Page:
Britain’s city centres are bearing the brunt of air pollution and the worst-hit areas might not meet clean targets for at least another 15 years, according to a new Government report that reveals latest progress in meeting European standards on nitrogen dioxide levels.
This strengthens the argument for Toyota’s hybrids, cars that emit virtually no NOx (including NO2) and which can run pollution-free in the worst city-centre traffic.
Statistics released by Defra* show NO2 levels in Greater London, the West Midlands and West Yorkshire are unlikely to comply with EU levels until at least 2030 – five years or more beyond the Government’s last projection. The World Health Organisation highlights NO2 as a significant air pollutant that contributes to respiratory diseases, in particular among children suffering from asthma.
Diesel-powered vehicles are a significant contributor to NOx pollution in cities and also produce particulates. Toyota’s Hybrid Synergy Drive system, available in Prius, Prius+, Auris, Auris Touring Sports and Yaris models in the UK, creates only minimal amounts of NOx and no particulates, and already conforms with the more stringent, up-coming Euro 6 vehicle emissions standards.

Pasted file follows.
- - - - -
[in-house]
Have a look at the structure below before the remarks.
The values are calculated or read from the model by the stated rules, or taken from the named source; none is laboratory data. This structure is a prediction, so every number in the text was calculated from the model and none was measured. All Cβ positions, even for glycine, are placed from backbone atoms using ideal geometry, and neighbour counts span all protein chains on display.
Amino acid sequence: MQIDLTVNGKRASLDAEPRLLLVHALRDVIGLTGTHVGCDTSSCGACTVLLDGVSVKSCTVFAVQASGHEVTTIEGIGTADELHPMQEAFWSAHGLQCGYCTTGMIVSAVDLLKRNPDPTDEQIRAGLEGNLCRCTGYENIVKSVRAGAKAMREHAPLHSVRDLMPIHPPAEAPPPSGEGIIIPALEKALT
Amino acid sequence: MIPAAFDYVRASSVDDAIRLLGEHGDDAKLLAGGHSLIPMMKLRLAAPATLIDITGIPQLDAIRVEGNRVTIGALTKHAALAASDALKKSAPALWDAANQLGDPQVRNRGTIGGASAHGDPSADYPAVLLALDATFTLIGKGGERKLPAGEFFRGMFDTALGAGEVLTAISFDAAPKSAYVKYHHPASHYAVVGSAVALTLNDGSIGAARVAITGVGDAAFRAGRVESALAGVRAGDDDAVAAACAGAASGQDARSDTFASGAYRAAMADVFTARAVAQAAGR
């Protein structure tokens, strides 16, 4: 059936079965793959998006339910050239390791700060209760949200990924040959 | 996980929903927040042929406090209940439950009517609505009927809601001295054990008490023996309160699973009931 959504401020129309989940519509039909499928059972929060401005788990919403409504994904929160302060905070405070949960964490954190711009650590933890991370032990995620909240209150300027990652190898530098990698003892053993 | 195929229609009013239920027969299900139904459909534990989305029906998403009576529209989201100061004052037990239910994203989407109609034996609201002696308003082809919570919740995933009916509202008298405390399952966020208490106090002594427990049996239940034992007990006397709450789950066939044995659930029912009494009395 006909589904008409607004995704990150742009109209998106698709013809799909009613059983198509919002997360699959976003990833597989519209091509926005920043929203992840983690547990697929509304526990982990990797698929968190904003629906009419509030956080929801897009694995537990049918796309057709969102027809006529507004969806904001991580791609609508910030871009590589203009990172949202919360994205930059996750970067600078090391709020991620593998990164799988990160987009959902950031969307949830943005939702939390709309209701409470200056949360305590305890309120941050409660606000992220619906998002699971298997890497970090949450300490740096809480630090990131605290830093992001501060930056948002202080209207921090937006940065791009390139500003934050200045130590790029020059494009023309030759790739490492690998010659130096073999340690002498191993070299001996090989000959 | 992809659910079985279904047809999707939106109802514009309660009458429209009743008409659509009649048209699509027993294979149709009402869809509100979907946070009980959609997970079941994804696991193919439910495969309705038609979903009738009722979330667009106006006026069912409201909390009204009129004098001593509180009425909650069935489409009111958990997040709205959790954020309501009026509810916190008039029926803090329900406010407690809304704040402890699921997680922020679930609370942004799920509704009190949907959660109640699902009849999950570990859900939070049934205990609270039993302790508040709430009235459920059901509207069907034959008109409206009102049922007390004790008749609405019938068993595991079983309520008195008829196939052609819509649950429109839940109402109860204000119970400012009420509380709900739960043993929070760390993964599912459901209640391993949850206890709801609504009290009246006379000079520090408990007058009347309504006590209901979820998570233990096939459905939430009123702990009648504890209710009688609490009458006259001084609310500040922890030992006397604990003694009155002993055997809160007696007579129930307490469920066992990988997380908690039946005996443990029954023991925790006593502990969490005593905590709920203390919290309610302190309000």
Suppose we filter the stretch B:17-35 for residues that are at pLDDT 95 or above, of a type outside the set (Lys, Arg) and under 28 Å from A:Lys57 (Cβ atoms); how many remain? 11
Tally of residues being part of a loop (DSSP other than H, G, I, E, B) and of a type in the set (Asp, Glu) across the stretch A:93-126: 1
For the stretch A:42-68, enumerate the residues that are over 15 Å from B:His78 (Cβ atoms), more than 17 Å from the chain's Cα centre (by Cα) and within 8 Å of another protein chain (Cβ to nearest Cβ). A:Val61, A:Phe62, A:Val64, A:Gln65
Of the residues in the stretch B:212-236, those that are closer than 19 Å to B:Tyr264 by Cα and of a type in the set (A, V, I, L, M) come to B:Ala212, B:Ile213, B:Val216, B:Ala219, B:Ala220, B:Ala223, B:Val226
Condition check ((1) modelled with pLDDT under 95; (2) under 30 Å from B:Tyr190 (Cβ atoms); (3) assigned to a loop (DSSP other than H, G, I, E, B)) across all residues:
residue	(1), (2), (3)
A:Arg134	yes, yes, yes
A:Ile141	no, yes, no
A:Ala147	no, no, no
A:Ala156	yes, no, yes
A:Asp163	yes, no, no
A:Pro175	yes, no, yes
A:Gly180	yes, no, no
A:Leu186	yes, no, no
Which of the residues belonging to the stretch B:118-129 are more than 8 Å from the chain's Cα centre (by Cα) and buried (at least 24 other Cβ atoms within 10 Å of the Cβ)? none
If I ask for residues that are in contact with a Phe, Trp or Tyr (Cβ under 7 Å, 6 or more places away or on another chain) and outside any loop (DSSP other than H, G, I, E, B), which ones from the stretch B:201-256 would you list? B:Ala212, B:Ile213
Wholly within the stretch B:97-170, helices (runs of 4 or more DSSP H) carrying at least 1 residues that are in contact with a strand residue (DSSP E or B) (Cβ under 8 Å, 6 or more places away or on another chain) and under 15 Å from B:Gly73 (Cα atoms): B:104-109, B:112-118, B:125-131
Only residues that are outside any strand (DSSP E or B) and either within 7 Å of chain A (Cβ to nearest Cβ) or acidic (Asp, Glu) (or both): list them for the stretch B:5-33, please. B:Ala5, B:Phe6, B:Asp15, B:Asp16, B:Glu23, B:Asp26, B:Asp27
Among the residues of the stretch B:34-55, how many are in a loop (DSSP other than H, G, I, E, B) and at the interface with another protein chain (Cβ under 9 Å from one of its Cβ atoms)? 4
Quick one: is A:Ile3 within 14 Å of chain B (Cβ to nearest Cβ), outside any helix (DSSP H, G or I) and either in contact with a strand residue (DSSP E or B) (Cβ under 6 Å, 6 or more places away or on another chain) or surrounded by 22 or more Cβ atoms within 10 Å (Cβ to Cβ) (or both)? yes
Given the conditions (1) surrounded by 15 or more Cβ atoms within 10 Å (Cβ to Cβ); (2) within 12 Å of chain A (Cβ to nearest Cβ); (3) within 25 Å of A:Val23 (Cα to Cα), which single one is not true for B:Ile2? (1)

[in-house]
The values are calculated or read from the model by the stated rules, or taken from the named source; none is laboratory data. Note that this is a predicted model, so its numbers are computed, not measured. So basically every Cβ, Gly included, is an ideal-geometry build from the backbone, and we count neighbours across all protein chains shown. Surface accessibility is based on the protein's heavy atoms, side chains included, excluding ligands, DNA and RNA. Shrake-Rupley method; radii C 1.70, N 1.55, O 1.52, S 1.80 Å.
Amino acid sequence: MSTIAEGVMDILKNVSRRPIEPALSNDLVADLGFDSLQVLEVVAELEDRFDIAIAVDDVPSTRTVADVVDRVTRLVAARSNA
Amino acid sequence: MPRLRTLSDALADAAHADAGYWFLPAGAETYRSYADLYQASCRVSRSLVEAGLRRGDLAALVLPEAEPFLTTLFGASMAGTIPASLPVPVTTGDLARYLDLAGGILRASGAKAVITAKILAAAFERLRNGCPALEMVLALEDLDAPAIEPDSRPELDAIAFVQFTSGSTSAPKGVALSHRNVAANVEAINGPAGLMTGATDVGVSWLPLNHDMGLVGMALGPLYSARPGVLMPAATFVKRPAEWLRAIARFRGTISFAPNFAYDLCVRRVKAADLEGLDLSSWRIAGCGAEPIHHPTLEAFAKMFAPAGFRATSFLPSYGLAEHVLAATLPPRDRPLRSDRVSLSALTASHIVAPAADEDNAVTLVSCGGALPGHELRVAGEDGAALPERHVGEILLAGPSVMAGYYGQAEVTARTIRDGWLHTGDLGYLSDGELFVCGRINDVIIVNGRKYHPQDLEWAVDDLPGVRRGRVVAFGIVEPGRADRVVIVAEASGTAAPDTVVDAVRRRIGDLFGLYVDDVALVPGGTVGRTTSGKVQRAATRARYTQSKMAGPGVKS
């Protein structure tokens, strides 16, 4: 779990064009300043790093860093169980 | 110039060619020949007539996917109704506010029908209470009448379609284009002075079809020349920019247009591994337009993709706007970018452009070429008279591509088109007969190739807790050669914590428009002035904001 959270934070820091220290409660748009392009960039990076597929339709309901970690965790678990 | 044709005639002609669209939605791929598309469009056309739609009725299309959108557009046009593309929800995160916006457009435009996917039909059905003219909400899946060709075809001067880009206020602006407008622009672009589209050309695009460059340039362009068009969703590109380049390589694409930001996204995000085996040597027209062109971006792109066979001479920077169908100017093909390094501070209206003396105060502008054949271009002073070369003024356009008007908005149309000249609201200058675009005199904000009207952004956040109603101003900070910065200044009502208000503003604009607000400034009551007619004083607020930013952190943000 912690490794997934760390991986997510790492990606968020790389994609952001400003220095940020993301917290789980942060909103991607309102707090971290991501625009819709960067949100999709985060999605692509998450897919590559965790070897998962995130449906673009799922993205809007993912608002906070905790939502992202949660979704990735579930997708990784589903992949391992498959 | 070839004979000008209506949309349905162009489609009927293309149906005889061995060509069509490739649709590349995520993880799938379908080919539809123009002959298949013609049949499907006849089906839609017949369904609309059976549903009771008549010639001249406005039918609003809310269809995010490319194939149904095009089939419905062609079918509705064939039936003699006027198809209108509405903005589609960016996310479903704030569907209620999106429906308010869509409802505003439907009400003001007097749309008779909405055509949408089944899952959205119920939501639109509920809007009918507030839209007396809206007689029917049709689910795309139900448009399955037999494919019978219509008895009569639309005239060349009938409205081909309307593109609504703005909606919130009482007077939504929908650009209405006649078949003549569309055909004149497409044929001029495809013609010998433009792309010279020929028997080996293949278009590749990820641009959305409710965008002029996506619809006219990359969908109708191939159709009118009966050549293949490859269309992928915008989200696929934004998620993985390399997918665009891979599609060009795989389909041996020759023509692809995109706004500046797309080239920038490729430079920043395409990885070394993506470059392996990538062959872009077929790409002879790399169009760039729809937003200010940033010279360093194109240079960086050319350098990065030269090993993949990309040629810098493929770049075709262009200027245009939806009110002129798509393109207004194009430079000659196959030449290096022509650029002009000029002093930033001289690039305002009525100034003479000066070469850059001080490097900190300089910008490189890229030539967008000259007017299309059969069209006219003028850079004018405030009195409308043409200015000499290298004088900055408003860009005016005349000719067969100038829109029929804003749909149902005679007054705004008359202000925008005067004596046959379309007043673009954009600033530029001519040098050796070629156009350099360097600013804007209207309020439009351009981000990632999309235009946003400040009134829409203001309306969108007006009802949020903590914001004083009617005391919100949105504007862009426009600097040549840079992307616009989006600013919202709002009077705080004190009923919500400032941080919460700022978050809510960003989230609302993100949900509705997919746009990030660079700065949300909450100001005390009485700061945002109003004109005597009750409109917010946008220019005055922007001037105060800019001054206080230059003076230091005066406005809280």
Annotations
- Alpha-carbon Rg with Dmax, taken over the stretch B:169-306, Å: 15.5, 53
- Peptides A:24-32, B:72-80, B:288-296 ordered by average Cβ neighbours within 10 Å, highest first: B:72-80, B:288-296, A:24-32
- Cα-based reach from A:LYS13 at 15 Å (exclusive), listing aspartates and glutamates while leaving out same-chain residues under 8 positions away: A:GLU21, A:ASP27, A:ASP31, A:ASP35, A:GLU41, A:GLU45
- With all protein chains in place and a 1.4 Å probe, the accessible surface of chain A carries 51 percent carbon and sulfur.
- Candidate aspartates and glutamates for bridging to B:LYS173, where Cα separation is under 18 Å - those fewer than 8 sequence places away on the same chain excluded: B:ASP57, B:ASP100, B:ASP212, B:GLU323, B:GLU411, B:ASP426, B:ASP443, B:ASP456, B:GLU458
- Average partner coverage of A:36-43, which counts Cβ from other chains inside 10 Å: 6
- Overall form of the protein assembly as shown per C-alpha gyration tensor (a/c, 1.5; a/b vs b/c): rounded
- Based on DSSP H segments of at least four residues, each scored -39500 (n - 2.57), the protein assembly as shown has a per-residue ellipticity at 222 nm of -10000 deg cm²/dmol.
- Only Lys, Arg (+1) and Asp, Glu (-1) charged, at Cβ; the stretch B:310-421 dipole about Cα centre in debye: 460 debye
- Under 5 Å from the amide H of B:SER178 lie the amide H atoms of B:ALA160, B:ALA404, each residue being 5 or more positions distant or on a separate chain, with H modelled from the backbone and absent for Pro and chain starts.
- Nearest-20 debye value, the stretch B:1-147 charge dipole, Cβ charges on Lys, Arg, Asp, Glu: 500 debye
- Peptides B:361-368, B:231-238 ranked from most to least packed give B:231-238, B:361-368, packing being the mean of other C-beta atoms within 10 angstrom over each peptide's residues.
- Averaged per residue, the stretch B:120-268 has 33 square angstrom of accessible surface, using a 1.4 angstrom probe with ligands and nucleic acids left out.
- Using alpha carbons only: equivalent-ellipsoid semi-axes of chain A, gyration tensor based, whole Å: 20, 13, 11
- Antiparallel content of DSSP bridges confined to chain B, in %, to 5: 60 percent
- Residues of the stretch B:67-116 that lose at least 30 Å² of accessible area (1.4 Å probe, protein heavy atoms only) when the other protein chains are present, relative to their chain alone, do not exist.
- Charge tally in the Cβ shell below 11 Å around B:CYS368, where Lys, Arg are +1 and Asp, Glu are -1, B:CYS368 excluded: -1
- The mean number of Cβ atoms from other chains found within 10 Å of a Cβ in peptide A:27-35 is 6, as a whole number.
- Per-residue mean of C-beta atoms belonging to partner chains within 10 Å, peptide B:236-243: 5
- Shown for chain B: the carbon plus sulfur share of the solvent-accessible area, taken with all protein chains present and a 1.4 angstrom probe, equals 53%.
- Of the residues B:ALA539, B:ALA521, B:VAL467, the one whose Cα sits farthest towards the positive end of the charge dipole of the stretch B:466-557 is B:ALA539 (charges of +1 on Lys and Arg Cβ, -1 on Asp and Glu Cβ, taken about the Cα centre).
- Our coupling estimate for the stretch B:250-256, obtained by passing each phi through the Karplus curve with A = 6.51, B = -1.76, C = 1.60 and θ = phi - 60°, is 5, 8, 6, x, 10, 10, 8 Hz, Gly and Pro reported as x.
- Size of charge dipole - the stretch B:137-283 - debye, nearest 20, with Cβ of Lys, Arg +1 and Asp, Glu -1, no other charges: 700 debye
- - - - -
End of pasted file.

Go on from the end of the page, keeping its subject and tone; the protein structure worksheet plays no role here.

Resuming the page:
What’s more, these vehicles can all be driven short distances at city traffic speeds on electric power alone, with zero tailpipe emissions, thus creating no air pollution in the most sensitive urban areas.
Where Prius Plug-in is concerned, the electric range is even greater, and achievable at higher speeds, making an emissions-free daily urban commute a real possibility.
Toyota spokesman, Neil Broad said: “People are now well aware of the benefits of the low CO2 emissions associated with our hybrids, and the importance of reducing greenhouse gases to protect the atmosphere. The impact of NOx on air quality and public health is a growing concern, and it’s an area where, again, Toyota’s hybrid technology performs strongly.
“By choosing a hybrid vehicle, our customers can virtually eliminate NOx and particulate emissions and reduce their carbon footprint, most importantly when driving in urban traffic – the worst pollution hot-spots. Low running costs, a superb reliability record and no-compromise cabin and luggage space all add to the compelling hybrid argument.”